Following up on my post yesterday, I decided to delve a little deeper into the properties of the NGDP series for the UK, to see what the characteristics were over different periods and whether they support the notion that an NGDP level target is a good nominal anchor.
Figures 1-3 are simply plots of the annual y.o.y. growth rate of NGDP in the UK split over different time frames for ease of viewing. Oddly enough a quick glance at fig.1 may lead us to believe that nominal GDP for the UK has been more variable over the latter years of the sample range. Nevertheless, we need to be more precise than just making judgements based on cursory glances of the data, so below are variances calculated over different ranges. I decided to calculate the variance over the period leading up to 1940 and separately for the period after, since I am interested in whether stable nominal GDP coincides with stronger economic performance. As mentioned in my previous post, since the period after1940 was one of the longest phases of stable economic growth without a major collapse, this division seemed a natural choice.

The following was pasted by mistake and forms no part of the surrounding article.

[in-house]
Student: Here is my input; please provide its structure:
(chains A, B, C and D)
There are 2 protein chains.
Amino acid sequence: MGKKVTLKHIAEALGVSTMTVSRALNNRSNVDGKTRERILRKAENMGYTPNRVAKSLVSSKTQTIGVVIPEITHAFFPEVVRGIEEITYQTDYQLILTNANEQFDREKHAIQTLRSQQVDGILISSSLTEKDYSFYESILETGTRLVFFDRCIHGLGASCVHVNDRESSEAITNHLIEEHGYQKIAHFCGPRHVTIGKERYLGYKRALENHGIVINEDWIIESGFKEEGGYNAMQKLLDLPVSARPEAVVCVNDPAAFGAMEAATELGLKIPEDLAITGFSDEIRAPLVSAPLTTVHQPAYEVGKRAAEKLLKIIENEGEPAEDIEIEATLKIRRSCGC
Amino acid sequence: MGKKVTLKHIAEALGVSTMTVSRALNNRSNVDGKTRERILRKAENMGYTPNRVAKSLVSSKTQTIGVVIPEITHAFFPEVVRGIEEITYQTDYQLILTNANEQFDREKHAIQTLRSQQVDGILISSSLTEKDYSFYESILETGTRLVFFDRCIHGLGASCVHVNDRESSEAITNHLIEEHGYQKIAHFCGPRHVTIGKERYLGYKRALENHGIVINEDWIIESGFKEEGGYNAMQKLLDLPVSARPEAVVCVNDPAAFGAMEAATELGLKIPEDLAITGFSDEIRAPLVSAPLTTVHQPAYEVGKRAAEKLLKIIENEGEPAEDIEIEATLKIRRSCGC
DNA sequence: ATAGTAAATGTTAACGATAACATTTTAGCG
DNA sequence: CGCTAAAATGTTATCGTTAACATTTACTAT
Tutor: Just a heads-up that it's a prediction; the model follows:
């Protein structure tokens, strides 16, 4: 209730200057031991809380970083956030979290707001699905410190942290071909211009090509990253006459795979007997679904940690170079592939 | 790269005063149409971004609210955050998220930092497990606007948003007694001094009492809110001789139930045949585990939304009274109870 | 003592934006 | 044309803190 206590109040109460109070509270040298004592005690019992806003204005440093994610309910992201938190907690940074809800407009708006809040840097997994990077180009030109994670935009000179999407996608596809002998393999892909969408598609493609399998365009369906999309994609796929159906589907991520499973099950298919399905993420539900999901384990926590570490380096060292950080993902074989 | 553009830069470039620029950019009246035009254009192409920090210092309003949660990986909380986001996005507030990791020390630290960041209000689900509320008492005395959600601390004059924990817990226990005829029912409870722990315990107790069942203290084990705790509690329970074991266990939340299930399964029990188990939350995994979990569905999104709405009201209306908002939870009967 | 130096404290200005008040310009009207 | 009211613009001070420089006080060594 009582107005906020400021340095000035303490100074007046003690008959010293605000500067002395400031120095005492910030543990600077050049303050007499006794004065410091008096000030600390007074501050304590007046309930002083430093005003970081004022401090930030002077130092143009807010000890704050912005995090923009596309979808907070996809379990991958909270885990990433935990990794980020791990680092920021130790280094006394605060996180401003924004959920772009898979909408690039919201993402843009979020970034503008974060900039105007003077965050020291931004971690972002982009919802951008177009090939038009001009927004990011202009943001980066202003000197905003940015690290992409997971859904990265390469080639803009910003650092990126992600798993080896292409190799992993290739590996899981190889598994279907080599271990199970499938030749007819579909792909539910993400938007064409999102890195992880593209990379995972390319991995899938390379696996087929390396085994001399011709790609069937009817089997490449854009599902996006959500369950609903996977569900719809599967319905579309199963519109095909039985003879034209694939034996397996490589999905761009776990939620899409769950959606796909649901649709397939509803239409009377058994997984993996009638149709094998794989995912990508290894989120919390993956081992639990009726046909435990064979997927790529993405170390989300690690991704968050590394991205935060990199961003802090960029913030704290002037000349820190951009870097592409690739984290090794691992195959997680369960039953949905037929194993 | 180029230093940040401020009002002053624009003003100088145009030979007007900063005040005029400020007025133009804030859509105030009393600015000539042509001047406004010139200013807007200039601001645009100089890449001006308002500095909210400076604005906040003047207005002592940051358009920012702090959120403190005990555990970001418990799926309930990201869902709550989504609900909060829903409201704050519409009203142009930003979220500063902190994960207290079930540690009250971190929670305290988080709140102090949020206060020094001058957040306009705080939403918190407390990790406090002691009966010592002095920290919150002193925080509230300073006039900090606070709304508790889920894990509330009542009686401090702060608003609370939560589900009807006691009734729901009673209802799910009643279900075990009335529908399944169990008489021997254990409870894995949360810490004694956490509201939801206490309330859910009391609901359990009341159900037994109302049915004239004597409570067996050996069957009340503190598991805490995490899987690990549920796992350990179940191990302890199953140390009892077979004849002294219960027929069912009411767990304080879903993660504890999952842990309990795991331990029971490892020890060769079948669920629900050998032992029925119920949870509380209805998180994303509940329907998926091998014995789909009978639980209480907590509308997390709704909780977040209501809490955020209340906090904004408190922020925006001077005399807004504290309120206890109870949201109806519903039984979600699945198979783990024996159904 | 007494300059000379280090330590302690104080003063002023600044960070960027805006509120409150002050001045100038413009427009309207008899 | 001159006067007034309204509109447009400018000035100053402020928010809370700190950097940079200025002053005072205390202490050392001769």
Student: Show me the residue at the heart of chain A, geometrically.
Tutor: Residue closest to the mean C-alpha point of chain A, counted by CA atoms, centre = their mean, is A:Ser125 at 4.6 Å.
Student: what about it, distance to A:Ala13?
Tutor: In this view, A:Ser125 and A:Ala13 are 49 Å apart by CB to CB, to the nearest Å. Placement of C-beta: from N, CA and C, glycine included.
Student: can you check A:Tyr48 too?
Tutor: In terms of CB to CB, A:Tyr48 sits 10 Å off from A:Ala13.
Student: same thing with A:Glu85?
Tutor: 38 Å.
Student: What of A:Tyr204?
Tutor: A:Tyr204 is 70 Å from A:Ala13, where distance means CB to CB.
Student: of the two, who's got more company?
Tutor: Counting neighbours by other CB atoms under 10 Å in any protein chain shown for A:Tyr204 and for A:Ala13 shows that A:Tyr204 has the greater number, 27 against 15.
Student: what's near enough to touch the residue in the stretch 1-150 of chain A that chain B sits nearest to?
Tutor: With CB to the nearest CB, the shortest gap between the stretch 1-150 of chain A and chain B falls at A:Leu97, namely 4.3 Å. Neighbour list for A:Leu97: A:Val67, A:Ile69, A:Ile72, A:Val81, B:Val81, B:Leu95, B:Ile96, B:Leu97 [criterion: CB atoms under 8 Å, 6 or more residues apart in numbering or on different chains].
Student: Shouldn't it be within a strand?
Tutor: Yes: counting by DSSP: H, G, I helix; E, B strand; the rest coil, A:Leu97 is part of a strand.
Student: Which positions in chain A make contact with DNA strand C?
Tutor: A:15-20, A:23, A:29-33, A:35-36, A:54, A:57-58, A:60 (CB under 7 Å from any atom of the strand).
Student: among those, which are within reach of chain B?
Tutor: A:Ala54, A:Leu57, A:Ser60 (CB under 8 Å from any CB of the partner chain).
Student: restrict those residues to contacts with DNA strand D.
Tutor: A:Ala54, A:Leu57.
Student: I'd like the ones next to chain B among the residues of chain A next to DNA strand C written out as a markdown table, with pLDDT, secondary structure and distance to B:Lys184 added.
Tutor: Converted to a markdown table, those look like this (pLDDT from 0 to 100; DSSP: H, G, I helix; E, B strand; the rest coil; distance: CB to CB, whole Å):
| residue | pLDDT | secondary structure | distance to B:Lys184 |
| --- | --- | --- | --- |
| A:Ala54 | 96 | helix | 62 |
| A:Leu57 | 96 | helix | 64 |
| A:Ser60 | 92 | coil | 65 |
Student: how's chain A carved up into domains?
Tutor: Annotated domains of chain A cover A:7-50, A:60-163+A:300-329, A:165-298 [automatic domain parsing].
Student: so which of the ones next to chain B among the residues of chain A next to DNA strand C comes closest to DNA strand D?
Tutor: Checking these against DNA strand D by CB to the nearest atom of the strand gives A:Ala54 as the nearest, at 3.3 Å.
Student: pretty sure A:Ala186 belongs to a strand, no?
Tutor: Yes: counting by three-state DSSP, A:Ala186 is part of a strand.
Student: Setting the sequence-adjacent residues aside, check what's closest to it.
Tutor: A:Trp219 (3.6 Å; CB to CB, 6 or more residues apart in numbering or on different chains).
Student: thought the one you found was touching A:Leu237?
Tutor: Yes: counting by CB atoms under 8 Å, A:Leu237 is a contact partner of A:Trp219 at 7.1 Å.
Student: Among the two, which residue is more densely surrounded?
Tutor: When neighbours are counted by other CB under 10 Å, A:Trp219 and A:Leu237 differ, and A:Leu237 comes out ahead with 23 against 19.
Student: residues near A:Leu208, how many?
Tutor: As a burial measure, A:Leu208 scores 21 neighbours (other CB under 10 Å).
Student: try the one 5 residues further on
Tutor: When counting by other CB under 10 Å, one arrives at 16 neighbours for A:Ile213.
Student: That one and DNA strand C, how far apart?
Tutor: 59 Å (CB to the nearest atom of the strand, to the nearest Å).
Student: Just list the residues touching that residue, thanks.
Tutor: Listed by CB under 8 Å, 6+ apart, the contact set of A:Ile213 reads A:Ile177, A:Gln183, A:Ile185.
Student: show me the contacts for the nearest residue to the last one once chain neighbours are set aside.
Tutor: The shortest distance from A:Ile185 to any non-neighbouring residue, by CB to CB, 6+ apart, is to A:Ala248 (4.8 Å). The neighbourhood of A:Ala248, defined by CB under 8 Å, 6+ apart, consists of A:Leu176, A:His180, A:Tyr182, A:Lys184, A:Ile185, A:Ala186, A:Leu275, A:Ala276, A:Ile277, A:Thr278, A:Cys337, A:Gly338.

Variance for 1831-1940=32.115 Variance for 1941-2009=26.4103
As you can see from the values, the variance of the growth rate of nominal GDP after 1940 was some 4 percent lower than the period before 1940.
In my opinion this is another piece of evidence suggesting stable nominal GDP growth is a causal factor in determining stronger economic performance.